(1) buy more experiences and fewer material goods
Theoretically I would agree, but what exactly are those great experiences that you can "buy"? I think this question is more difficult than it looks on the first sight. You don't always need big money to have great experiences, and money alone doesn't always ensure great experiences.
(2) use their money to benefit others rather than themselves
I think most people will agree on that, besides people which lack any perspective for other people.
(3) buy many small pleasures rather than fewer large ones
Sure some truth in it, but I think a reasonable mix is more the aim. Few bigger ones which give long-term pleasure alongside with small pleasures here and then.
(4) eschew extended warranties and other forms of overpriced insurance
Well, it is news to me that this is the common mistake people make, but yeah, makes sense.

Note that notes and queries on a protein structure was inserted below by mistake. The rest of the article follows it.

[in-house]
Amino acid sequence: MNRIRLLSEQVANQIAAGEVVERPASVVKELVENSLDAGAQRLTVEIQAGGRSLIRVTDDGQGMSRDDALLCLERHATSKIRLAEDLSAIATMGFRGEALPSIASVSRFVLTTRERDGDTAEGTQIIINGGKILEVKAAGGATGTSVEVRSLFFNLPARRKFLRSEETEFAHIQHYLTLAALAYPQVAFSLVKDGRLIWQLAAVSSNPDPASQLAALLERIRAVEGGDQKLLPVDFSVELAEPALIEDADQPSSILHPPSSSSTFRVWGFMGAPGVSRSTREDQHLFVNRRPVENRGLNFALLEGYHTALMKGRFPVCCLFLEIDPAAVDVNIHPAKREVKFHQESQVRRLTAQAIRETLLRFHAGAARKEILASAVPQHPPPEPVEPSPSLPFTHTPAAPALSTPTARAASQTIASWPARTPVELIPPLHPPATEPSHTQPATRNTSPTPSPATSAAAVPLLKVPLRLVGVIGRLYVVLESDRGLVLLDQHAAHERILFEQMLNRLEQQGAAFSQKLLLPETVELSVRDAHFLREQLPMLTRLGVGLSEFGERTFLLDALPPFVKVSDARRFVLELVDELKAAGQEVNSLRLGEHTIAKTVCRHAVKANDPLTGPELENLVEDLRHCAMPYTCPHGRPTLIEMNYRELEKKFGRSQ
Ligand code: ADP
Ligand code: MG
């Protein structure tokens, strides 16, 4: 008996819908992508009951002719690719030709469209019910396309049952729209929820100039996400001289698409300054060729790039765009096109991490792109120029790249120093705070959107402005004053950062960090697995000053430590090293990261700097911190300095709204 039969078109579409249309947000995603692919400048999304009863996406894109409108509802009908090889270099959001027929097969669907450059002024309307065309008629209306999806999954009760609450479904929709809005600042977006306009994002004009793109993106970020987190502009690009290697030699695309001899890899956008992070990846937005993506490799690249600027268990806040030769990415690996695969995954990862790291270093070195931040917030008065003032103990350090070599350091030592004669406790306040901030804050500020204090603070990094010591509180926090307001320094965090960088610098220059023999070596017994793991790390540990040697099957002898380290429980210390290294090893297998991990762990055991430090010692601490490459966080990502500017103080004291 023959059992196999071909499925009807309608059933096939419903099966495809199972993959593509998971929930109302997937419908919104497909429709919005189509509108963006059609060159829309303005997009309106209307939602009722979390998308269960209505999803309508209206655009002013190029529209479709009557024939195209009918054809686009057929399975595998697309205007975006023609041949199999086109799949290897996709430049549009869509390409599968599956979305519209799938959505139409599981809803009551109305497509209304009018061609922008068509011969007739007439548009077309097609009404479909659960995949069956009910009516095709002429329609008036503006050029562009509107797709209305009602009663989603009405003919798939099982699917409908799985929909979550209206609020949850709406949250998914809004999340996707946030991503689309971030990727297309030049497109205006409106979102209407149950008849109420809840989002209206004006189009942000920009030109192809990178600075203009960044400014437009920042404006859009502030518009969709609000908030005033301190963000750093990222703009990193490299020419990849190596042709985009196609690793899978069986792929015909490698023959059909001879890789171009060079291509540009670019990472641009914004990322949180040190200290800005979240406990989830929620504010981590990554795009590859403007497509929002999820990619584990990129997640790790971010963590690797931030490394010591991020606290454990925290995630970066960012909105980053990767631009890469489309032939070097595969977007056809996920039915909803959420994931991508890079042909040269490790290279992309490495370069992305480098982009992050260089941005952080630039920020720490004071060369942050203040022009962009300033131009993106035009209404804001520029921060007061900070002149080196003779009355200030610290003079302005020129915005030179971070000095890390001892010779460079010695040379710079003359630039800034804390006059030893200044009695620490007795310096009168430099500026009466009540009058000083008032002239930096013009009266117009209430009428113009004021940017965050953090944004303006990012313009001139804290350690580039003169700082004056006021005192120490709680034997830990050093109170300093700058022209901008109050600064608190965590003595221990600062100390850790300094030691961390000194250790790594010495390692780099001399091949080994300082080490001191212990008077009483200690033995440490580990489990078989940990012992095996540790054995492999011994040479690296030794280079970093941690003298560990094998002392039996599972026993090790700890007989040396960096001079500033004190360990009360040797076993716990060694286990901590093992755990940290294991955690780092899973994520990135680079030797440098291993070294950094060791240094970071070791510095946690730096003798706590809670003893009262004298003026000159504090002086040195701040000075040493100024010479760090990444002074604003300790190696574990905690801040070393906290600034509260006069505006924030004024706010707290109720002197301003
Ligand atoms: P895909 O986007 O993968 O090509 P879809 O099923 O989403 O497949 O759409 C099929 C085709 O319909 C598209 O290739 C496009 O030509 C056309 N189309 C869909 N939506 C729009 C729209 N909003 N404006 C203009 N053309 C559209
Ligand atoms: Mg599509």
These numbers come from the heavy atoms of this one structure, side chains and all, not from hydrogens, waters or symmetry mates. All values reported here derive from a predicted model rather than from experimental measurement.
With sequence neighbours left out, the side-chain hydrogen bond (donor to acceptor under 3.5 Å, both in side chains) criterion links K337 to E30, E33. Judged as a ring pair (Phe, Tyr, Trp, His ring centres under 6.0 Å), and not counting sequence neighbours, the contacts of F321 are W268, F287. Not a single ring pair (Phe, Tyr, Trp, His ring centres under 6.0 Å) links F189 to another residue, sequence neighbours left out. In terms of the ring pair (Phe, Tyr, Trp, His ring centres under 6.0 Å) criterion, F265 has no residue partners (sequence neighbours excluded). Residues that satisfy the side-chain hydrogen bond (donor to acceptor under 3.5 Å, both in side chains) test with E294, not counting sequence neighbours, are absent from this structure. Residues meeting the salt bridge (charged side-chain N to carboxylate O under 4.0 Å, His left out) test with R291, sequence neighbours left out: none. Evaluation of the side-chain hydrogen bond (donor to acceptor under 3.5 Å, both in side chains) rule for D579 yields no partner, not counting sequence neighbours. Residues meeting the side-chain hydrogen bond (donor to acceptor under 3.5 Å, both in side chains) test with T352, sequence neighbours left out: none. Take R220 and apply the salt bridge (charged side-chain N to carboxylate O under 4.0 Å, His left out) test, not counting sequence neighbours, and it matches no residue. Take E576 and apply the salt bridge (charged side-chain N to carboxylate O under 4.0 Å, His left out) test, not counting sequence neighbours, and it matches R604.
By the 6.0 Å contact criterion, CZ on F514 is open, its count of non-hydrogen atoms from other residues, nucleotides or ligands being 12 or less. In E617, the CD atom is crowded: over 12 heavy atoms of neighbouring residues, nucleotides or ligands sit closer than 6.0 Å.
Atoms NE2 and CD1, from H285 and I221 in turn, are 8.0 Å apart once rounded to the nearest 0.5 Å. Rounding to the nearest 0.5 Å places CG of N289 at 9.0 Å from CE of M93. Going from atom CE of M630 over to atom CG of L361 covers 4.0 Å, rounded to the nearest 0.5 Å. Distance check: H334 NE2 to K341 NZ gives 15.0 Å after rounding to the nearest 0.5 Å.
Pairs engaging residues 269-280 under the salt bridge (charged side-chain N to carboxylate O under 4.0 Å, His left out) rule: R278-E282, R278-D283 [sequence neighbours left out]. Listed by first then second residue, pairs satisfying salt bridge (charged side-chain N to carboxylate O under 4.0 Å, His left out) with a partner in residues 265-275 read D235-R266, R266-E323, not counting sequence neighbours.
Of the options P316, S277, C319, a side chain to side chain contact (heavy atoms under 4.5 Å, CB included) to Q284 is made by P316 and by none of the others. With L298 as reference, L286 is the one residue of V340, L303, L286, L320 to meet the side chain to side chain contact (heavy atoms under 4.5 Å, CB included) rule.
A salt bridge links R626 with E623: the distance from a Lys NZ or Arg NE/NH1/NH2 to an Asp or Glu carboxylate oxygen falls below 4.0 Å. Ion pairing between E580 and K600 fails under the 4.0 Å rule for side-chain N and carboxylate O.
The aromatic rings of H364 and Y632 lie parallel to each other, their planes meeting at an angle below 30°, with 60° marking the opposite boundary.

(5) delay consumption
Not entirely sure what is the message of this.
(6) consider how peripheral features of their purchases may affect their day-to-day lives
Well, of course it makes sense when you also know what you buy before you buy it...
(7) beware of comparison shopping
Too much comparison is negative, too few comparison also, as usual.
(8) pay close attention to the happiness of others.
Don't know... context.
I agree to some degree. The problem is many people in this world seem to have lost / numbed common sense, or they don't base (many of) their actions on it anymore.Am I the only one that thinks this article does nothing more than tell us common sense notions of what humans need to feel happy (choosing to help others, engaging in enjoyable activities, being challenged and experiencing new things, being free to do things you enjoy) and propose some half-cocked methods on how better to buy these things with your money, since that's the only way we can get them?